For 6 years Kenny (and ultimately NYC Norton) worked out of about 400 square feet of space within a larger 4200 sq ft space lovingly known as Spannerland.  For those who don’t know the back story, Spannerland, located in a corner of a massive industrial building just outside the Holland Tunnel, was created in 2006 as sort-of co-op shared by a group of NYC based racers who needed more space than they could each realistically afford in pricy Manhattan.  Spannerland treated everyone well – on any Sunday it could be a quiet cavern of classic bikes, or a buzzing workshop of machines fabricating parts to get folks to their next race.  But as things happen, racers settle down and move away, interests change, etc.  Towards the end of 2012 a lease renewal went into effect, and NYC Norton moved out of the small carved-out space occupied for the last 6 years, across to the western side of the room, and now taking up exactly one half of the shop (2100 sq ft), with the other half being shared with our friend, colleague, and avid Norton collector Jamie Waters.  Below are some shots illustrating the changes:


November 2011:  The yellow line delimits the front of our old allocated space, with the back bench marking the rear.  A fine little rectangle it was…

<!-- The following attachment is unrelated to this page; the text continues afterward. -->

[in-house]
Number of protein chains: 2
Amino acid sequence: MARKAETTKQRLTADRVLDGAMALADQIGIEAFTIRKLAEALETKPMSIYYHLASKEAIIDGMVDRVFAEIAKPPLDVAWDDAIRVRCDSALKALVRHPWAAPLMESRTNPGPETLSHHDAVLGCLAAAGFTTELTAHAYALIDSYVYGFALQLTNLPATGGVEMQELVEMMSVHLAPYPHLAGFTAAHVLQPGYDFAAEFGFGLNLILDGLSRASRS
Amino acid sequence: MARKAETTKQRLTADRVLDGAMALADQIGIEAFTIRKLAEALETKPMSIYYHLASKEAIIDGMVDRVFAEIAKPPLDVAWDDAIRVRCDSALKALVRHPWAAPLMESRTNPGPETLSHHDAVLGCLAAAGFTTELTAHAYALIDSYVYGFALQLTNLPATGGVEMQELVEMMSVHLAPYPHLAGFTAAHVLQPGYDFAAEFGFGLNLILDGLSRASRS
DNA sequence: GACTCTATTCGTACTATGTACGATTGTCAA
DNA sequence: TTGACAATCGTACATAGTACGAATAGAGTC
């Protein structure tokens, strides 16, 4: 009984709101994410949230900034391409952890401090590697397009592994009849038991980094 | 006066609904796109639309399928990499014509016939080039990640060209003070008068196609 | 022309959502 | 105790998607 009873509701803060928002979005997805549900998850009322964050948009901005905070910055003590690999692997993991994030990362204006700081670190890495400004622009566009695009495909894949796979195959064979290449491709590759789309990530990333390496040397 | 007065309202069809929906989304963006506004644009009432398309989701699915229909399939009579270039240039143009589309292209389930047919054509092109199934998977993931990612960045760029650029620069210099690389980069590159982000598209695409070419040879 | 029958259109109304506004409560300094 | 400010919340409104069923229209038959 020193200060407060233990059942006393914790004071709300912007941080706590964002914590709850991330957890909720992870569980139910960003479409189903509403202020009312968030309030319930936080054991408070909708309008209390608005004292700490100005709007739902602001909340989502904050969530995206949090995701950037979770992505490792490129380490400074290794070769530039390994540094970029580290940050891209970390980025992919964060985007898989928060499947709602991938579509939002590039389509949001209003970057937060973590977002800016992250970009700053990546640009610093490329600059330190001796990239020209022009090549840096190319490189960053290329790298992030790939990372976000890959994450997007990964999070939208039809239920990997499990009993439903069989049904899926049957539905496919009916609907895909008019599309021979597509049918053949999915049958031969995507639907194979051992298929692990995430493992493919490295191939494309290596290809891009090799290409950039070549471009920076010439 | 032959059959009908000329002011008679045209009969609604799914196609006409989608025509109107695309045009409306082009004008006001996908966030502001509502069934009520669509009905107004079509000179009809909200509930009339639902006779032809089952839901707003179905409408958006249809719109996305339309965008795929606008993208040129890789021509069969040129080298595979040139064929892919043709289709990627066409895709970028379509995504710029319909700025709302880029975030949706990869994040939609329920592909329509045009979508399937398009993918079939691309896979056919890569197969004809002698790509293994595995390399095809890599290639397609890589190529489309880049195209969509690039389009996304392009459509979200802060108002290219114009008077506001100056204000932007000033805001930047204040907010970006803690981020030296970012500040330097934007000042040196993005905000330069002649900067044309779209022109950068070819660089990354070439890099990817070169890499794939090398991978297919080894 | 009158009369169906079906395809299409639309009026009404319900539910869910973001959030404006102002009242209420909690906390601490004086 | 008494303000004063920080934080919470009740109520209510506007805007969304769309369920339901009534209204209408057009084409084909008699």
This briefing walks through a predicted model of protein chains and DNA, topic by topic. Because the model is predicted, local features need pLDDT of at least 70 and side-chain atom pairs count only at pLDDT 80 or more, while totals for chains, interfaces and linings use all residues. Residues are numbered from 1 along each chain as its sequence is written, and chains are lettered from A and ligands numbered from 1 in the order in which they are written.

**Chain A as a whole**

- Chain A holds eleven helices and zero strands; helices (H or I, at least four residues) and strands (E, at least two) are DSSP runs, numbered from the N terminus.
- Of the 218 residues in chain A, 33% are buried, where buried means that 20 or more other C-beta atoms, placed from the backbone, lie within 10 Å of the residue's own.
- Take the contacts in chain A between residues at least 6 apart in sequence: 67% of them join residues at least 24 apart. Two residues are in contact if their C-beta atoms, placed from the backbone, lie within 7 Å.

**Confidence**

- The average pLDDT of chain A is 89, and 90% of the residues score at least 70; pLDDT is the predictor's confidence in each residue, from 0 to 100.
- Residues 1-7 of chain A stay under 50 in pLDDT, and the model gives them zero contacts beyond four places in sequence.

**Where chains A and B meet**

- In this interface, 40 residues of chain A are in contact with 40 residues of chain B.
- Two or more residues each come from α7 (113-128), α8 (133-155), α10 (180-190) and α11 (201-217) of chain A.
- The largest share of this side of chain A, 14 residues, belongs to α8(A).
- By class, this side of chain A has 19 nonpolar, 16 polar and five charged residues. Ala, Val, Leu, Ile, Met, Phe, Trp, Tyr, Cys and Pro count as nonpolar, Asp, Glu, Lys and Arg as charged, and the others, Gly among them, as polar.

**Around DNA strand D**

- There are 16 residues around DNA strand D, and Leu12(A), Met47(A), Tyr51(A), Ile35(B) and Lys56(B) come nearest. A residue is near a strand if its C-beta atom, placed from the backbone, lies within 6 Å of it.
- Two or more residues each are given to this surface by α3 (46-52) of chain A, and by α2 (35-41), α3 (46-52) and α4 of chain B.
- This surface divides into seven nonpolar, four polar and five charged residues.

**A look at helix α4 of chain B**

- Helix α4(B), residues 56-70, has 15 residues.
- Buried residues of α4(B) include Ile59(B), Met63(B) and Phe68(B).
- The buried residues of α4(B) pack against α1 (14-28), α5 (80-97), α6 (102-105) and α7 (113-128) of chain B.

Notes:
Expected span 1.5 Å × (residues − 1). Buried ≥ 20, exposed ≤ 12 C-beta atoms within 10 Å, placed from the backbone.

…but it got really tight in there.  Often it could take 10 minutes to move bikes around just to get one off the lift.



January 2013: A good shot of the back quarter of the new space where we tucked in a few bikes to keep them safe while the shelves were built and the lifts moved.



Jon illustrating how strong he is.  But don’t be fooled people… that’s a McIntyre chassis with magnesium Fontana/Menani brakes; light as a feather.



It is NYC NORTON after all, but we often take on other interesting projects.  In the background on the new lift arrangement is an absolutely stunning ’62 Rocket Goldstar that is getting the motor transferred to its original frame which needed some love and repair.  A fun job to tear it all down, then build it back up again, better than ever.  In the foreground is a little Ducati Diana 250cc we are preparing for one of our best clients so he can take it over to Italy this spring for the Moto Giro.



Taking shape.  Jon works on a T120 bobber (someone’s gotta do it).  Just out of view in the back of the room, obscured by the Seeleys in the foreground, is our dirty room with lathe, mill, blasting cabinet, etc.



The entryway – an ever-revolving display of beautiful hardware to greet you as you walk in.

As the shop develops we will add more shots.  And, like anything, when there is extra space it is certain to be filled with more and more stuff.